9: Microbiology and Immunology

Microbiology and Immunology

Jessica C. Peek and the publisher acknowledge the past contributions of Marie Collins to this chapter.

Basic concepts of microbiology and immunology relate to transmissible diseases encountered in client care. Using standard precautions in the dental setting greatly reduces the transmission of pathogens. Dental hygienists must prevent and manage potential occupational exposures from infectious diseases.

General Microbiology

Microorganisms

General Considerations

Ubiquitous—found virtually everywhere

Only 3% are pathogenic (disease causing); 97% are nonpathogenic

Exhibit characteristics common to all biologic systems: reproduction, metabolism, growth, response to stimuli, adaptability, mutation, and organization

Medically important microorganisms

1. Eukaryotes

2. Prokaryotes (aerobic or anaerobic unicellular bacteria)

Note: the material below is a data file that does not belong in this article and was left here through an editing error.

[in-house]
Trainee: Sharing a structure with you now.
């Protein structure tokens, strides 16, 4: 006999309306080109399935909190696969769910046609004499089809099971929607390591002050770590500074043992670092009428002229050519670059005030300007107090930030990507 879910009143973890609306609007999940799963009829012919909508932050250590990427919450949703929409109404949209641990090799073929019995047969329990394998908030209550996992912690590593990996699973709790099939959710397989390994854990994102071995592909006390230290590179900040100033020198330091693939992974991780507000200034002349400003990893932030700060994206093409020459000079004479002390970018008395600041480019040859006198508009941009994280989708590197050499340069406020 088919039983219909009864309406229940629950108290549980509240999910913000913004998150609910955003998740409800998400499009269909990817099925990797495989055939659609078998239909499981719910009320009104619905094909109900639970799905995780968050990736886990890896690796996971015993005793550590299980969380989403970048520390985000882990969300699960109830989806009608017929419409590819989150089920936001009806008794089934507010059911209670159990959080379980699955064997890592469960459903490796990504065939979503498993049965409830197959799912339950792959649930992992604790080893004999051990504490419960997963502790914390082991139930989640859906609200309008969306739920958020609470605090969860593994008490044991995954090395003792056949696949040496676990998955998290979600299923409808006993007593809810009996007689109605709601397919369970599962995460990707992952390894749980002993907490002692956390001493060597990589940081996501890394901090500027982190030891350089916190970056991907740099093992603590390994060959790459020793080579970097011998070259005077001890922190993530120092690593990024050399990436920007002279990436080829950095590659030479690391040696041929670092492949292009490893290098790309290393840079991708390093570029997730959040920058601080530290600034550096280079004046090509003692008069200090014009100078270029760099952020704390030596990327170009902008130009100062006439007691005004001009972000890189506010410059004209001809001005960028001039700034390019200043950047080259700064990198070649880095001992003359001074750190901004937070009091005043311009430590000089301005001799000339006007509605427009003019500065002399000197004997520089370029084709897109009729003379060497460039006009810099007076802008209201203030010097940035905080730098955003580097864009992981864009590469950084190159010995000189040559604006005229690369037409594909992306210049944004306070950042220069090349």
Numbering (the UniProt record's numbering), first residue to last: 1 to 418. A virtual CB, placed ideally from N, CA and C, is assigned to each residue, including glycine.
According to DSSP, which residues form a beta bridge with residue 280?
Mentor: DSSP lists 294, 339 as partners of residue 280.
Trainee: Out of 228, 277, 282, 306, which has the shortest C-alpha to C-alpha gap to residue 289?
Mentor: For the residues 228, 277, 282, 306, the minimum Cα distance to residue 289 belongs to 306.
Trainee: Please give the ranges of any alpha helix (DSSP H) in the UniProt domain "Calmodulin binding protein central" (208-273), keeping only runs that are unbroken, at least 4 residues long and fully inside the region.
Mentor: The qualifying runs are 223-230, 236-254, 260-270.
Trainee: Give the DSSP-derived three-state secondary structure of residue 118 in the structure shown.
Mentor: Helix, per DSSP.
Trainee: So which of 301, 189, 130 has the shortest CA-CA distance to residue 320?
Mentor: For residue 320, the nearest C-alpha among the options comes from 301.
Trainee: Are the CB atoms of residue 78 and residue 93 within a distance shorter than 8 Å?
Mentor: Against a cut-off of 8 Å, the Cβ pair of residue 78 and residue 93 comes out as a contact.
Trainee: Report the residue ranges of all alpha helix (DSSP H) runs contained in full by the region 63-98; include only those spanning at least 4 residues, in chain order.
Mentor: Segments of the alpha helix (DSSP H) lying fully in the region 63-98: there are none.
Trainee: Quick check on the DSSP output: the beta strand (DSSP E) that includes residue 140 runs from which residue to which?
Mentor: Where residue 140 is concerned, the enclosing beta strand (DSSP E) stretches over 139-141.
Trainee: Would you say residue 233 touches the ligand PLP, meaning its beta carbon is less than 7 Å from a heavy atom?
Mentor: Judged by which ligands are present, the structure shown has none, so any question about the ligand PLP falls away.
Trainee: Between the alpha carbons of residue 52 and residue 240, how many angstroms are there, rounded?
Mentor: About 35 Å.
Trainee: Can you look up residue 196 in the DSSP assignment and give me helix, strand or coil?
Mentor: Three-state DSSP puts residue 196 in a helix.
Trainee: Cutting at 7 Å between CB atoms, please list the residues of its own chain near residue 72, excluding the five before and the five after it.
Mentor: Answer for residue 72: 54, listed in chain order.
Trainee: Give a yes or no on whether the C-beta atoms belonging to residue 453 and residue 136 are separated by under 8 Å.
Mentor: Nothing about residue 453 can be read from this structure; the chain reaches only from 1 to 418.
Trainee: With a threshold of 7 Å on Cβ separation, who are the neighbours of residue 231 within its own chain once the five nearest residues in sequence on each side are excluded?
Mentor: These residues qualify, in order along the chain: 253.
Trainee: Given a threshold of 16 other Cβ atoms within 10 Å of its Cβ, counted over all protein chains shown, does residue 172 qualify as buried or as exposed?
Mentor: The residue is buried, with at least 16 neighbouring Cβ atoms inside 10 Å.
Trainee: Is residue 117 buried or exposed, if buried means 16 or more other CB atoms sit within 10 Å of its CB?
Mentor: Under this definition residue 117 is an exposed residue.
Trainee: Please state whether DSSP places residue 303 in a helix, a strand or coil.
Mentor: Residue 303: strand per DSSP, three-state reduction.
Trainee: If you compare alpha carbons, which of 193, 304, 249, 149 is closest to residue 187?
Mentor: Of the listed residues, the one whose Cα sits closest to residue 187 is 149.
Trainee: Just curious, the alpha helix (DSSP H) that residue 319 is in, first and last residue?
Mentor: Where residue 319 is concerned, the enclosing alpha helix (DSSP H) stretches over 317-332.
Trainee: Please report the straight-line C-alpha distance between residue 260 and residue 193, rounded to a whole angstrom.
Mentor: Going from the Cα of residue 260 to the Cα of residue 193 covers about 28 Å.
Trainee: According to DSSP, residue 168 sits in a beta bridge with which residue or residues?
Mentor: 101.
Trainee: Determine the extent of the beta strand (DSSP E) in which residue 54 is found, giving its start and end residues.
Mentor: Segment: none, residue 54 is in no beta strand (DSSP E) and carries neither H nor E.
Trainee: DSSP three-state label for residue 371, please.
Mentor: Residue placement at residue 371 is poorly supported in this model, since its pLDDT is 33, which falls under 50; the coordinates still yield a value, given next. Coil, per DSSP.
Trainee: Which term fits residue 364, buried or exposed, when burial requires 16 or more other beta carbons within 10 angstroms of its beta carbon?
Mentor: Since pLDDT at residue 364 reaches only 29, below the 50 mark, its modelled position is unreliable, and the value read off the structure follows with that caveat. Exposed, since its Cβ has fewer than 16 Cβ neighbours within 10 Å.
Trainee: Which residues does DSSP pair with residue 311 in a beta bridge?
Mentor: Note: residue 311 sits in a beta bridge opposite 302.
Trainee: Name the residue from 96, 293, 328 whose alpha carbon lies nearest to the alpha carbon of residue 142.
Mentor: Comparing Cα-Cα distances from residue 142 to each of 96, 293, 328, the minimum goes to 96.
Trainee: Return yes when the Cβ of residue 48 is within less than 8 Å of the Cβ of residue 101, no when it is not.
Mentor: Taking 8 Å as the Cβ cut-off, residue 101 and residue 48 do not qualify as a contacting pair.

3. Viruses; classification based on:

4. Prion

Nomenclature—the binomial system

Methods of Measurement and Observation

Types

Most commonly used units of measurement

Light microscopes illuminate objects by visible light

1. Bright-field microscopy

2. Darkfield microscopy

3. Phase-contrast microscopy

4. Fluorescence microscopy

5. Confocal-scanning laser microscopy

6. Specimen preparation

a. Viewing living organisms

b. Staining

(1) Procedure

(2) Types of dyes

(3) Simple staining procedures

(4) Differential staining procedures (Table 9-1)

TABLE 9-1

Comparison of Gram-Positive and Gram-Negative Bacteria

  Gram-Positive Bacteria Gram-Negative Bacteria
Color after Gram’s stain procedure Blue to purple Pink to red
Peptidoglycan layer in cell walls Thick Thin
Teichoic acid in cell walls Present Absent
Lipopolysaccharide in cell walls Absent Present

(a) More than one dye preparation used

(b) Used for initial bacterial grouping

(c) Most common methods

(5) Special staining procedures—used to color and isolate specific parts of microorganisms

Electron microscopy

Prokaryotic (Bacterial) Cell Structure and Function

Bacterial morphology

External cell structures

1. Appendages

a. Provide motility

b. Allow for movement—spirochetes (e.g., Treponema pallidum, Borrelia burgdorferi) move by this method

c. Provide attachments

2. Surface coating (glycocalyx)

3. Cell wall

Jan 1, 2015 | Posted by in Dental Hygiene | Comments Off on 9: Microbiology and Immunology
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